To be sure, we also left a few good friends in Buffalo, and that was hard. I understand why libertarians with strong local family and friend connections do not move to New Hampshire. But we didn’t have such long-term connections anywhere else, apart from those few good friends.

I also understand why libertarians who are promoting the cause in their own careers would see a career change and a move to New Hampshire as a step back. But most of what I have done as an academic does not promote liberty directly, and I have come to question seriously the “trickle-down” model of social change widely adopted by libertarian organizations. The idea, following Hayek’s essay, “Socialism and the Intellectuals,” is that creating new academic research showing the benefits of liberty will filter down through journalists and other “secondhand dealers in ideas” to the general public, eventually resulting in a freer society. But academic economics has long leaned free-market, and journalists don’t seem to understand the key insights of that discipline. If anything, the general public’s views are worsening in key respects. People under 30 are more likely to favor socialism than capitalism. The enterprise of educating the public via secondhand dealers in ideas seems doomed on a national scale, but it could work on a small scale.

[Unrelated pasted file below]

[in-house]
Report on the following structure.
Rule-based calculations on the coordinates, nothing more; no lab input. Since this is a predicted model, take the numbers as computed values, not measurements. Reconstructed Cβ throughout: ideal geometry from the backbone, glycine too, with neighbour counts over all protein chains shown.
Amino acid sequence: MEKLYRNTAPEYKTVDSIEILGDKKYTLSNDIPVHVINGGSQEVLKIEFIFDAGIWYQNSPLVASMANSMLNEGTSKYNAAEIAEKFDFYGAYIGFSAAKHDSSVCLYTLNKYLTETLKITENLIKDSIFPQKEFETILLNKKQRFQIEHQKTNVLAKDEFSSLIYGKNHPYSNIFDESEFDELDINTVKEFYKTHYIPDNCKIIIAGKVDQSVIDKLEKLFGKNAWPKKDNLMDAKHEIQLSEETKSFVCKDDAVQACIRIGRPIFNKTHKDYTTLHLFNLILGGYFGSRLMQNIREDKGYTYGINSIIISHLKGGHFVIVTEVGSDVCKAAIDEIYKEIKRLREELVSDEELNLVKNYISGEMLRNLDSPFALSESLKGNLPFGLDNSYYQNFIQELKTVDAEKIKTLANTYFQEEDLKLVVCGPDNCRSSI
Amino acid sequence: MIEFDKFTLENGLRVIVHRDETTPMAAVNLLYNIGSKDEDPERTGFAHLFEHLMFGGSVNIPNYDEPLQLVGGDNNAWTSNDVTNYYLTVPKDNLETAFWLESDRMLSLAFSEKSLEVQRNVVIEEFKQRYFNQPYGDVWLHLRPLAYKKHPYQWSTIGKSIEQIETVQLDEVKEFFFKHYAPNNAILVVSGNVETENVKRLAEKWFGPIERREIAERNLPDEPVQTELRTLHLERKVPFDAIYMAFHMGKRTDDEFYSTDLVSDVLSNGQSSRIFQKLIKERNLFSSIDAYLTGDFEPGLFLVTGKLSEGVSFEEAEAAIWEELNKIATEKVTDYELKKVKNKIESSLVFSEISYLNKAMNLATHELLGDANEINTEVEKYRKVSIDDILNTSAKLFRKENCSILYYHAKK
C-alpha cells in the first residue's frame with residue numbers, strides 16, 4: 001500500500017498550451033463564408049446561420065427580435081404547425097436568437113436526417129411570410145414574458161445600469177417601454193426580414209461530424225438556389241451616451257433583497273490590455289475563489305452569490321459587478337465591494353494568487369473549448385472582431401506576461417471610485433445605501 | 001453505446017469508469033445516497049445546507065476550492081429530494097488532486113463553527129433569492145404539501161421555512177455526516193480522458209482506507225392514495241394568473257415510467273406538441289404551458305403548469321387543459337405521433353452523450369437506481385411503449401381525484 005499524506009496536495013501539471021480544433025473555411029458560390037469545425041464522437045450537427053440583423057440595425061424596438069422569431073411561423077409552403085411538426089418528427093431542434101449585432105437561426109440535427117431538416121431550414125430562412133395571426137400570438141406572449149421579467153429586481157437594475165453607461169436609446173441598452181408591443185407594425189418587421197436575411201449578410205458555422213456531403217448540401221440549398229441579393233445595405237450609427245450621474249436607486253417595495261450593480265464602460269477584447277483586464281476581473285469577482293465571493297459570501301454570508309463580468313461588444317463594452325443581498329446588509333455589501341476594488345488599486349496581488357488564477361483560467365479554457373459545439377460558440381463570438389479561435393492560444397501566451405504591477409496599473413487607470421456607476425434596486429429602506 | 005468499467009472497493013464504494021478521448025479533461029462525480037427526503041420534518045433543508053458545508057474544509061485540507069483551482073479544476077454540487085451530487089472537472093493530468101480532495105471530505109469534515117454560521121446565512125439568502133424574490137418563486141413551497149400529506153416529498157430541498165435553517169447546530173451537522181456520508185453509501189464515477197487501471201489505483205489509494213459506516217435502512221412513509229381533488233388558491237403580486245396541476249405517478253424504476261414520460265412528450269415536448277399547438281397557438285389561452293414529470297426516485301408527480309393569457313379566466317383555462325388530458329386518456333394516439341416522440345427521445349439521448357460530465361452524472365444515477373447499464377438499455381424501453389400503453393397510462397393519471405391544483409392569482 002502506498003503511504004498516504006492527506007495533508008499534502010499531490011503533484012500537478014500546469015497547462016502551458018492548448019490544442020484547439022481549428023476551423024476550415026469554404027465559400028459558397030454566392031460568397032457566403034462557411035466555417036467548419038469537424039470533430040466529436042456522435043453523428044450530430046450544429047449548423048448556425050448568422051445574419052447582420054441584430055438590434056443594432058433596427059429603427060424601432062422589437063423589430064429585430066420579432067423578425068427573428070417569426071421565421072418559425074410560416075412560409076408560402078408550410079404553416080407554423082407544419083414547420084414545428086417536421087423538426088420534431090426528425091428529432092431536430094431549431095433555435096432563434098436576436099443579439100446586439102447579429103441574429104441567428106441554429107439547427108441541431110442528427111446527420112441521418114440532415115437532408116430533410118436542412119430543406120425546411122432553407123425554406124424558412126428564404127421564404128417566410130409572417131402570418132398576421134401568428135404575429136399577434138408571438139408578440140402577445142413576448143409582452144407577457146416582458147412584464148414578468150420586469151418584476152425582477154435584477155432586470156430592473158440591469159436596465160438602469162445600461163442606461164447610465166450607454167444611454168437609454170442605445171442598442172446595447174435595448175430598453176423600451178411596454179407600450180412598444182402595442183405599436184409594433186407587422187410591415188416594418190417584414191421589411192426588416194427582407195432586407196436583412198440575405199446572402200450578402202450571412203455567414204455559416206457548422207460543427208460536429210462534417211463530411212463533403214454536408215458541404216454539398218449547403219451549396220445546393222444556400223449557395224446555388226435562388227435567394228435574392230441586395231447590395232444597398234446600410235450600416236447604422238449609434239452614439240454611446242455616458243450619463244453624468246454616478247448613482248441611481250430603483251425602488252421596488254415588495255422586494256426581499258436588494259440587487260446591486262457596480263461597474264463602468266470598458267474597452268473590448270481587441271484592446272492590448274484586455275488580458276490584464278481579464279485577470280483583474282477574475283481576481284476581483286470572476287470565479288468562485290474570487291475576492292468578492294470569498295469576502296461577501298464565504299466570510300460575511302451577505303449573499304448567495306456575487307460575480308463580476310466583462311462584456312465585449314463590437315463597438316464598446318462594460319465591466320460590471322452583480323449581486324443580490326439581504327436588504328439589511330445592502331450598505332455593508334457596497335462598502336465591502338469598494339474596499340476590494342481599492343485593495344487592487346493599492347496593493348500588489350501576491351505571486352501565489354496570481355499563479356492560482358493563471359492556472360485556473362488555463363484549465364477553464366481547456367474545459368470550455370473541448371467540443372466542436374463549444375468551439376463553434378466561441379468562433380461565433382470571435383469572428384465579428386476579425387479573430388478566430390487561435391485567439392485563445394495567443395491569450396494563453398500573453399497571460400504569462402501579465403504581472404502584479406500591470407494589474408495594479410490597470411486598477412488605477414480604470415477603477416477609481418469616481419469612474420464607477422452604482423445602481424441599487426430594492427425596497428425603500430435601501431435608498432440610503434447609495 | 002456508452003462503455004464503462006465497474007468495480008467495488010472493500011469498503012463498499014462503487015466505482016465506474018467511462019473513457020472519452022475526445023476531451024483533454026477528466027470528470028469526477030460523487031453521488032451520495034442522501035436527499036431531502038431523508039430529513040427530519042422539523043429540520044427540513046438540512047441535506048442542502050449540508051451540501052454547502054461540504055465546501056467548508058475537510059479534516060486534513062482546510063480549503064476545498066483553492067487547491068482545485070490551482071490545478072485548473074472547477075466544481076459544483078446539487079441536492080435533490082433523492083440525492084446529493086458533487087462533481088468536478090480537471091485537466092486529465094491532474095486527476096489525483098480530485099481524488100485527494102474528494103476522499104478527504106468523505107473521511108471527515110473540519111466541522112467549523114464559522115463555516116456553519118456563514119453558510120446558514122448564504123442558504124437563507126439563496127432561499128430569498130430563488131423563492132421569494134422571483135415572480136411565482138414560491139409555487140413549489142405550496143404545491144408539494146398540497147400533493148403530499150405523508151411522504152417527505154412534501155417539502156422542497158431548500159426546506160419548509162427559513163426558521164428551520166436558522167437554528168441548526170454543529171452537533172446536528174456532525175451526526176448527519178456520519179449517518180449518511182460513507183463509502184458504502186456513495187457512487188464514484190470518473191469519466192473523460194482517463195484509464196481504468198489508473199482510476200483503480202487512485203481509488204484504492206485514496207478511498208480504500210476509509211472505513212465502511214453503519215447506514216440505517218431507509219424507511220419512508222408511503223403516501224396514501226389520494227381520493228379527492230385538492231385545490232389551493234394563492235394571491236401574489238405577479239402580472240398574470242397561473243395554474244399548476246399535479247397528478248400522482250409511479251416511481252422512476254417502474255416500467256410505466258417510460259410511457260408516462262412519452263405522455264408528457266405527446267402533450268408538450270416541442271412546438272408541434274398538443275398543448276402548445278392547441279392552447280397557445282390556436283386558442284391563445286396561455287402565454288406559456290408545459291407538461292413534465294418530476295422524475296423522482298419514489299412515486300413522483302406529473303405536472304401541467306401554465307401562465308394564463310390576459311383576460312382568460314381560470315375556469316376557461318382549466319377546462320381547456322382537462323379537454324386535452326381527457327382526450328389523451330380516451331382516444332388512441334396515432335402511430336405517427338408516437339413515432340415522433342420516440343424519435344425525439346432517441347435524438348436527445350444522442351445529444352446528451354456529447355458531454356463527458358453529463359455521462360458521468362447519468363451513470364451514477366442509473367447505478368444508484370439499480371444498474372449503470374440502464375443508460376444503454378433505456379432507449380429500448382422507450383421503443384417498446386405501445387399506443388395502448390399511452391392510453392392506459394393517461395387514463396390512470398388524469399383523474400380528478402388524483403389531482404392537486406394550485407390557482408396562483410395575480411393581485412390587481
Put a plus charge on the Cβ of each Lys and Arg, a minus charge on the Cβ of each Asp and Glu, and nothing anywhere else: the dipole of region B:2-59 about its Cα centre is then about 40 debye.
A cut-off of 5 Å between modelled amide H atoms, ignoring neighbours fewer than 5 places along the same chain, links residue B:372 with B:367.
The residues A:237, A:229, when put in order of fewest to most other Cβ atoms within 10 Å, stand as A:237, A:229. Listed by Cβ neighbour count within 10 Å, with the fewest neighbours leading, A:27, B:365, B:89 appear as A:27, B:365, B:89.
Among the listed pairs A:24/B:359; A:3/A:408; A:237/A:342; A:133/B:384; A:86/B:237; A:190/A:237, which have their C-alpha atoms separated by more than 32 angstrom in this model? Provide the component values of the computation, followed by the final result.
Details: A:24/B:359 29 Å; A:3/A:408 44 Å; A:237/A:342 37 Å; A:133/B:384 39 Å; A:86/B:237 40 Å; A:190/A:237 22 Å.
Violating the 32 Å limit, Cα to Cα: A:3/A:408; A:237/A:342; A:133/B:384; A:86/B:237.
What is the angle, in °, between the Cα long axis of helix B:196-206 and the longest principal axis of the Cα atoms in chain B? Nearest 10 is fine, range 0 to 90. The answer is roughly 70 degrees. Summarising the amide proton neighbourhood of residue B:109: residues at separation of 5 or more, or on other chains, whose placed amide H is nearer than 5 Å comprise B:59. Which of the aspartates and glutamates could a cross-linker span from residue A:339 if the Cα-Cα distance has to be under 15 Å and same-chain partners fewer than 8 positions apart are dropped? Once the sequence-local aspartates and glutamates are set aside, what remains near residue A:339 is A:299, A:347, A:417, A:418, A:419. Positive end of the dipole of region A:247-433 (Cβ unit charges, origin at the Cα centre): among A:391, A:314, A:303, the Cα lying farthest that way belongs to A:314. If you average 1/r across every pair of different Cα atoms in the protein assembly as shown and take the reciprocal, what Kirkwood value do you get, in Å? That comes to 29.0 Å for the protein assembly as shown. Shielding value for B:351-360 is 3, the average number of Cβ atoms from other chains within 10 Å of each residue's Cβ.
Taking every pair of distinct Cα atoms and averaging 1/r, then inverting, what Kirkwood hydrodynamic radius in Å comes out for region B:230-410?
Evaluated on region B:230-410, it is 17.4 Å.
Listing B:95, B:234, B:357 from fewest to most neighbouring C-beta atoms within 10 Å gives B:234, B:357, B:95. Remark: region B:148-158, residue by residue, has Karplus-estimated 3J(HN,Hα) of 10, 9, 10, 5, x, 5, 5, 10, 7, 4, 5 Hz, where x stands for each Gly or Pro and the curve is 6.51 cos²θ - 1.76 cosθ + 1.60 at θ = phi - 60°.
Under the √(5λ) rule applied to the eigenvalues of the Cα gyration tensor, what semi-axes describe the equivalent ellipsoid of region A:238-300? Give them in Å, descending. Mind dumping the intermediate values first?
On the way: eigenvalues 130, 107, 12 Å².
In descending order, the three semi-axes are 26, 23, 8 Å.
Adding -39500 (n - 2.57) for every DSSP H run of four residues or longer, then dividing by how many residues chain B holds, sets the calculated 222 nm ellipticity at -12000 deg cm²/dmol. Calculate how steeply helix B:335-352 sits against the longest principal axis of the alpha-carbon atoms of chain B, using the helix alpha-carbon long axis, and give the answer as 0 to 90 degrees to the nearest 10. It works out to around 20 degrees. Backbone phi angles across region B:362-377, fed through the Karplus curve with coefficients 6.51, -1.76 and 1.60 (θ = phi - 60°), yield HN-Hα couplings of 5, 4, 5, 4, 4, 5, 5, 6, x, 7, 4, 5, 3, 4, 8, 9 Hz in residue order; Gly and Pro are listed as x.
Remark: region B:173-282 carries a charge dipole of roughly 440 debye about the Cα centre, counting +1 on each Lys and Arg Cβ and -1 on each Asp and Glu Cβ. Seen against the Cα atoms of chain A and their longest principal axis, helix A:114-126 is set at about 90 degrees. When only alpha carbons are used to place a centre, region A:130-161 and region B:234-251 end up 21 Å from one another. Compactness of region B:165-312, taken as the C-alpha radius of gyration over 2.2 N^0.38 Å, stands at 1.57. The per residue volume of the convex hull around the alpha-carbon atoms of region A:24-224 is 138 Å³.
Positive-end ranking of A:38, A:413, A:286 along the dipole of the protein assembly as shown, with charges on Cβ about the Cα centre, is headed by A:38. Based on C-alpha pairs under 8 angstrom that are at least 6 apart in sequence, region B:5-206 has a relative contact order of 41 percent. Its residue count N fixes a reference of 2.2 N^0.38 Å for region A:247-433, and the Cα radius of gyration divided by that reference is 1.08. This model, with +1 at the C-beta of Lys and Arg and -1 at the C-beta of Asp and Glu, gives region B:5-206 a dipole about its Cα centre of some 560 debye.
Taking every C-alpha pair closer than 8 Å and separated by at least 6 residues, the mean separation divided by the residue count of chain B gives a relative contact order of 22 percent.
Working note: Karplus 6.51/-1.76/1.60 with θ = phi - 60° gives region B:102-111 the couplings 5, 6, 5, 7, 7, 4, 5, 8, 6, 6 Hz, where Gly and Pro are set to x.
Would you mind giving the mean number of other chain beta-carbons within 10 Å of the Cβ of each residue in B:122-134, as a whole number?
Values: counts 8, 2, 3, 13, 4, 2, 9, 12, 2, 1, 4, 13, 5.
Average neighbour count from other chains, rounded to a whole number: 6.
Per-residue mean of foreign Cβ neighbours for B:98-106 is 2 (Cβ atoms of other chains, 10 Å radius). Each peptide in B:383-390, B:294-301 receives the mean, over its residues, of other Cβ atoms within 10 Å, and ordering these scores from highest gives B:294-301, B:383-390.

Eric Crampton says libertarians should move to New Zealand. If only we were all lucky enough to have employers willing to sponsor our emigration there! They won’t just let you move without a job, after all. In my view, New Zealand and Switzerland are the only places in the world with a long-term better prospect for liberty than the United States, and I understand why some libertarians might move to those places. But they aren’t realistic options for most of us.